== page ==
Sen. Chuck GrassleyChuck GrassleyTurf battle erupts over hot cyber issue Judiciary Dems seek hearing on voting rights Reid: Judiciary a 'rubber stamp' for Trump-McConnell MORE (R-Iowa) says he doesn’t think gun control measures would be worthwhile until mental health issues are addressed.
Jennifer Jacobs, a Des Moines Register politics reporter, tweeted his comment from a phone call Grassley held with members of the Iowa press on Wednesday.
“Until we start addressing mental health issues,” the senator said, “I don’t think more gun laws are going to do any good.”
His comment comes amid the latest call by Democrats to renew the gun control debate after 12 people were killed in Monday’s shooting at Washington’s Navy Yard.
On Tuesday, Senate Majority Leader Harry ReidHarry ReidMellman: Give positive a chance Koch network super-PAC launches ad buys in Wisconsin, Nevada Trump: 'I'd have to think about' Cruz for Supreme Court MORE (D-Nev.) said he doesn’t have the votes to pursue gun control legislation again. Sen. Dianne FeinsteinDianne FeinsteinJudiciary Dems seek hearing on voting rights Intel leaders push controversial encryption draft Democrats block energy spending bill over Iran amendment MORE (D-Calif.) asked, “When will enough be enough?”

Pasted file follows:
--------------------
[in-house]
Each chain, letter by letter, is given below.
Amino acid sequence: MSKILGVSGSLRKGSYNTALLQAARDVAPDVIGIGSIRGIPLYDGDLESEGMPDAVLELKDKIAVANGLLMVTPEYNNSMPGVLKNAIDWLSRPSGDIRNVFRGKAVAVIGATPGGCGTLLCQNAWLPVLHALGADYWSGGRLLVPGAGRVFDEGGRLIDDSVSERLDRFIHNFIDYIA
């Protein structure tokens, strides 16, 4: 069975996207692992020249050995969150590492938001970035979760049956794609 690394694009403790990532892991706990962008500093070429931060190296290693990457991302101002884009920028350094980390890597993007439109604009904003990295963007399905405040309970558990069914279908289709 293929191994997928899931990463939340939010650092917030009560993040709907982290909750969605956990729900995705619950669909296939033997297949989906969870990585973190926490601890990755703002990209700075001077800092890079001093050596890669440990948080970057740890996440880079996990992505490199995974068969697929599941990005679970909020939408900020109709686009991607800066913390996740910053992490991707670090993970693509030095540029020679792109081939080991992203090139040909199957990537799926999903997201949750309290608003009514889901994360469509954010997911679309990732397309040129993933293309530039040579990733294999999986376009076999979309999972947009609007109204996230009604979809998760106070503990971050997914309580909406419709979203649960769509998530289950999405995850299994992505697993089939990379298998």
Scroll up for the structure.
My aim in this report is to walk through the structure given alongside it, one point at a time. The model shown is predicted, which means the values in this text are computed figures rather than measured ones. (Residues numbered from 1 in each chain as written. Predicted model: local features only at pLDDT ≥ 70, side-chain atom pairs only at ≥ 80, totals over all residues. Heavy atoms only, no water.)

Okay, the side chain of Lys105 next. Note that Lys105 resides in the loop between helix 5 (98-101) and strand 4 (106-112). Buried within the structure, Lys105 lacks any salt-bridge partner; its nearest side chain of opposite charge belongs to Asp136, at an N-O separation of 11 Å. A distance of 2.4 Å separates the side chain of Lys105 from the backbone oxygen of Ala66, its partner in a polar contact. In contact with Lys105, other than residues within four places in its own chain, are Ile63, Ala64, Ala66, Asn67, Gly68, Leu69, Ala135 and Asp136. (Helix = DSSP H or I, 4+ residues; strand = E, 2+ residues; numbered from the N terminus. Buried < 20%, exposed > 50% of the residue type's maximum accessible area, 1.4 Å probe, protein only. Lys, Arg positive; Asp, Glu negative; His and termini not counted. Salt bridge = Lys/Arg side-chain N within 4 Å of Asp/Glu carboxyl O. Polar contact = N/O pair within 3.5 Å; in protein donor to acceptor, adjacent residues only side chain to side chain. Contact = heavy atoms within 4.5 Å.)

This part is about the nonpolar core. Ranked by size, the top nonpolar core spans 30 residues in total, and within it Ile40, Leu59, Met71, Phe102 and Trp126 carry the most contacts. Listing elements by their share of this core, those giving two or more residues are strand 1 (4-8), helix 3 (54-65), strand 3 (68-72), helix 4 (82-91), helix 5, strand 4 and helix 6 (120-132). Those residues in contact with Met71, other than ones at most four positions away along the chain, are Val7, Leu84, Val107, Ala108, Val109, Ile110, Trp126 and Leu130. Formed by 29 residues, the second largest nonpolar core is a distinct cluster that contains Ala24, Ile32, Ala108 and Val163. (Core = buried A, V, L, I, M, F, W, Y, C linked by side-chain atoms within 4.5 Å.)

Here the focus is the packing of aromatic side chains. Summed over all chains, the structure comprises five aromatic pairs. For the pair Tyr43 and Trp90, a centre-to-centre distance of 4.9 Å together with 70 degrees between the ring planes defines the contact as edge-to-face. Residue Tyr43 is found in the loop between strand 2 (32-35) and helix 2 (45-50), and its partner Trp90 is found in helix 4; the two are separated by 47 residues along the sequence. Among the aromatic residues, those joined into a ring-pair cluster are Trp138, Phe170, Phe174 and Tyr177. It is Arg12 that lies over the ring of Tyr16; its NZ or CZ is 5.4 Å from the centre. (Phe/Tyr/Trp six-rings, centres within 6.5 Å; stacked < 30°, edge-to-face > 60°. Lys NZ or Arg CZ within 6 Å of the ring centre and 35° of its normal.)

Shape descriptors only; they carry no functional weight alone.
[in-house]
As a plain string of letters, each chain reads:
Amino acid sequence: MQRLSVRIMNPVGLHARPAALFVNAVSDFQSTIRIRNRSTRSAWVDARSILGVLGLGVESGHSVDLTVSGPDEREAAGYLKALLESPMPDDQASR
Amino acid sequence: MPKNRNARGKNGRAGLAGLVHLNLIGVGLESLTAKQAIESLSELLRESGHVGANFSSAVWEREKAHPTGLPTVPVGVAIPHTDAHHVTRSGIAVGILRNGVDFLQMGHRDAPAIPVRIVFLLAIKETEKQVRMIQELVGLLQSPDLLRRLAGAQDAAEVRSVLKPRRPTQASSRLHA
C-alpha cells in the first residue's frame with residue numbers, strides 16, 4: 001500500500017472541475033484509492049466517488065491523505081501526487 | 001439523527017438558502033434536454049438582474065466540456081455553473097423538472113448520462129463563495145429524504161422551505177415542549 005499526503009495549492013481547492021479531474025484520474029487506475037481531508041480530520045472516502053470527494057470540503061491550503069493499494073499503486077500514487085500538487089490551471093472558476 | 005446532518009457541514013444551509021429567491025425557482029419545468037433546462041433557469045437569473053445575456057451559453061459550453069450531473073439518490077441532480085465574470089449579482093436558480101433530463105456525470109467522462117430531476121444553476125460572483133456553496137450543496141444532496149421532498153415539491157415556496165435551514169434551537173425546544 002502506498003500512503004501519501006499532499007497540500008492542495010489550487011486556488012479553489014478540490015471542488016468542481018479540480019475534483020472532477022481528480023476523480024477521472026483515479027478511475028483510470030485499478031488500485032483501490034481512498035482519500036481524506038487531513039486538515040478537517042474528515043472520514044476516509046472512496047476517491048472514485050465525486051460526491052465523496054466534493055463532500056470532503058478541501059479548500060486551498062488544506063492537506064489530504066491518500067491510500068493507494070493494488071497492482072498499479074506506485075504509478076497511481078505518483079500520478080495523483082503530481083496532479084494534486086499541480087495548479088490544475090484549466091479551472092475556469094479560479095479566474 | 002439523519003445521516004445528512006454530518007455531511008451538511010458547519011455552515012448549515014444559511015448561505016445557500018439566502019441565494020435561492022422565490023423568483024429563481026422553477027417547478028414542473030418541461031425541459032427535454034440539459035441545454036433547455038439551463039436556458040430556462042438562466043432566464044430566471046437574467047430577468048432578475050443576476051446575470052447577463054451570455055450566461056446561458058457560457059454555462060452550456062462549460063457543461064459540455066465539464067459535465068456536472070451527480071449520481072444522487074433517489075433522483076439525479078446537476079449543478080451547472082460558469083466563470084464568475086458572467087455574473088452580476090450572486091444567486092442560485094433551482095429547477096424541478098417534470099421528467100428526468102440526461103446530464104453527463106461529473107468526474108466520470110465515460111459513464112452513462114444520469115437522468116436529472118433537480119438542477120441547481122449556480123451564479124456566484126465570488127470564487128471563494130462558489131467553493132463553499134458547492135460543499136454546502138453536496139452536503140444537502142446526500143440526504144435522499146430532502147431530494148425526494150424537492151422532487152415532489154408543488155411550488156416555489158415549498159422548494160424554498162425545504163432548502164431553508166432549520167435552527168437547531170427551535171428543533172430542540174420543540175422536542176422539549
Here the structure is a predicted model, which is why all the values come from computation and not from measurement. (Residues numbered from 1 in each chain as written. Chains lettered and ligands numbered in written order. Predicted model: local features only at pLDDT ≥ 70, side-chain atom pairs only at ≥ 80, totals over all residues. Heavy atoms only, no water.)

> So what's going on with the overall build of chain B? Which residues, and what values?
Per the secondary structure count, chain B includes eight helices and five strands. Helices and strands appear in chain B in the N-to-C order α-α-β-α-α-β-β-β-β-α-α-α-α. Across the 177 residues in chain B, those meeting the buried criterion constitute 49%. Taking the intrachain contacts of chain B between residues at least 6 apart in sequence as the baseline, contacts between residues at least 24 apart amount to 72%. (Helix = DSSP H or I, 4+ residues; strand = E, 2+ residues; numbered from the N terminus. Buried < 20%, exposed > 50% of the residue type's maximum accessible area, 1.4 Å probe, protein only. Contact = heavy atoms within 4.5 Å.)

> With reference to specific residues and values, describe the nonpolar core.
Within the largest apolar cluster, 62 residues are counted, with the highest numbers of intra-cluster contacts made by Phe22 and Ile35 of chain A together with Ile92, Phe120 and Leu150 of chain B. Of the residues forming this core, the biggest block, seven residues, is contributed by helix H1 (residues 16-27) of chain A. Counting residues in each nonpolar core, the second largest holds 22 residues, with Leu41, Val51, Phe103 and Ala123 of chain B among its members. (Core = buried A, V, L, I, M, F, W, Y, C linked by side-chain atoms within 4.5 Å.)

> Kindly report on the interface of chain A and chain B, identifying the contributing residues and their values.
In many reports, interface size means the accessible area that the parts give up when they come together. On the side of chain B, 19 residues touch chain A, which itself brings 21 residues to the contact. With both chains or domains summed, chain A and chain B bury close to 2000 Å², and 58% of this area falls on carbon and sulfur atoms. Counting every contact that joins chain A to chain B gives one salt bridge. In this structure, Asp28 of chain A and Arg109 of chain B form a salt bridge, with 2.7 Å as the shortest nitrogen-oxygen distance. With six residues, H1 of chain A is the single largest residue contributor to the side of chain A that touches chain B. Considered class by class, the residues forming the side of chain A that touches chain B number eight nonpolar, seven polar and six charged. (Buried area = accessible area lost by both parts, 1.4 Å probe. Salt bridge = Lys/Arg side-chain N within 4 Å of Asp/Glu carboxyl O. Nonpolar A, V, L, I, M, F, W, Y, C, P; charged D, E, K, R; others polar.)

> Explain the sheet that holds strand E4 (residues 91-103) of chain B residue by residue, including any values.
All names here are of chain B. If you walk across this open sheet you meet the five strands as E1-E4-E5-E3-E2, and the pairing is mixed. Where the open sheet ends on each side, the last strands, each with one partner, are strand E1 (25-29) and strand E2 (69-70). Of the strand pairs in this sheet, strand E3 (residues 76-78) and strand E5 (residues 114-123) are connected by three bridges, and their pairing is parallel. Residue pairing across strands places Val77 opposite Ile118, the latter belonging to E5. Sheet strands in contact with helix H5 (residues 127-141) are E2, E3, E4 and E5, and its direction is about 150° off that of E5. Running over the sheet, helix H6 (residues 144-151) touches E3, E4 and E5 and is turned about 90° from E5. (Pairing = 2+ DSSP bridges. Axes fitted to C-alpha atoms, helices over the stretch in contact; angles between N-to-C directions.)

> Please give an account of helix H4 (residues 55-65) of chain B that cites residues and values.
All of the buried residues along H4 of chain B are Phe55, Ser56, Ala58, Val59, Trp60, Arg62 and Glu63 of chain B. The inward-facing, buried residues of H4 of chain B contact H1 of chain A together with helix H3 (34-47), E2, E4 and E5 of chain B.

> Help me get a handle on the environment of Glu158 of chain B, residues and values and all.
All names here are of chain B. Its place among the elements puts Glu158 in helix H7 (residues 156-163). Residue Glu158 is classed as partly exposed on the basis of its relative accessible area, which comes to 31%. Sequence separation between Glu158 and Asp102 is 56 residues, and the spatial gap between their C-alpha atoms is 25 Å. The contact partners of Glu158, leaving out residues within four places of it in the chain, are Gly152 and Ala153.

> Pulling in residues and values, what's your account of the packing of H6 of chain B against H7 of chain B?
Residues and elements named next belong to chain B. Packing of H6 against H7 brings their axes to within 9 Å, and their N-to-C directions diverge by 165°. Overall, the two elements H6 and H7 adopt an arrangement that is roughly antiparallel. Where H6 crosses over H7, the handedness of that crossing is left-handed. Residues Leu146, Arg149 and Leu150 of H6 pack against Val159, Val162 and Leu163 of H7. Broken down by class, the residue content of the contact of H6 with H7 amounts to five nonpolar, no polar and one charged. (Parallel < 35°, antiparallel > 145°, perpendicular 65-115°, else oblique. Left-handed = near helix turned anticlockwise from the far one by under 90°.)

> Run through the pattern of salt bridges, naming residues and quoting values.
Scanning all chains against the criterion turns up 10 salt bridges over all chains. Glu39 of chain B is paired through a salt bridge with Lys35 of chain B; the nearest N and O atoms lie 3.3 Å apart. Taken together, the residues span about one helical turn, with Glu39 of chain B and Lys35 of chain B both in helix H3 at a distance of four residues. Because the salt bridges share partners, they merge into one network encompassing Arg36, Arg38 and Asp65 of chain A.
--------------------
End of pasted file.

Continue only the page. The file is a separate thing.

The last time the upper chamber considered such a measure was in April, when less than 60 senators voted "yes" on an amendment spearheaded by Sens. Joe ManchinJoe ManchinOvernight Healthcare: Public support mounts for action on opioids Clinton slams convicted ex-coal chief West Virginia Dem defends Clinton support despite coal remarks MORE (D-W.Va.) and Pat Toomey (R-Pa.). It would have expanded criminal and mental health background checks on potential gun buyers.
Grassley, the top Republican on the Senate Judiciary Committee, voted against the measure. Only four Republicans supported it.
Their bill also would have made it easier to purchase and transport firearms across state lines. But until this week, the issue has faded from Capitol Hill.
Since 2009, more than 50 mass shootings have occurred, which amounted to more than one per month, according to a study by Mayors Against Illegal Guns. New York City Mayor Michael Bloomberg founded the group.
“The problem is greater than guns,” Grassley said as the Judiciary Committee prepared to discuss gun control earlier this year in the wake of the Newtown shooting.
A clearer picture of the shooter from Monday’s tragedy is slowly emerging. According to multiple reports, law enforcement officials say the now-deceased gunman, Aaron Alexis, suffered from a host of mental health issues.
Officials are still trying to figure his motive for going on a killing spree.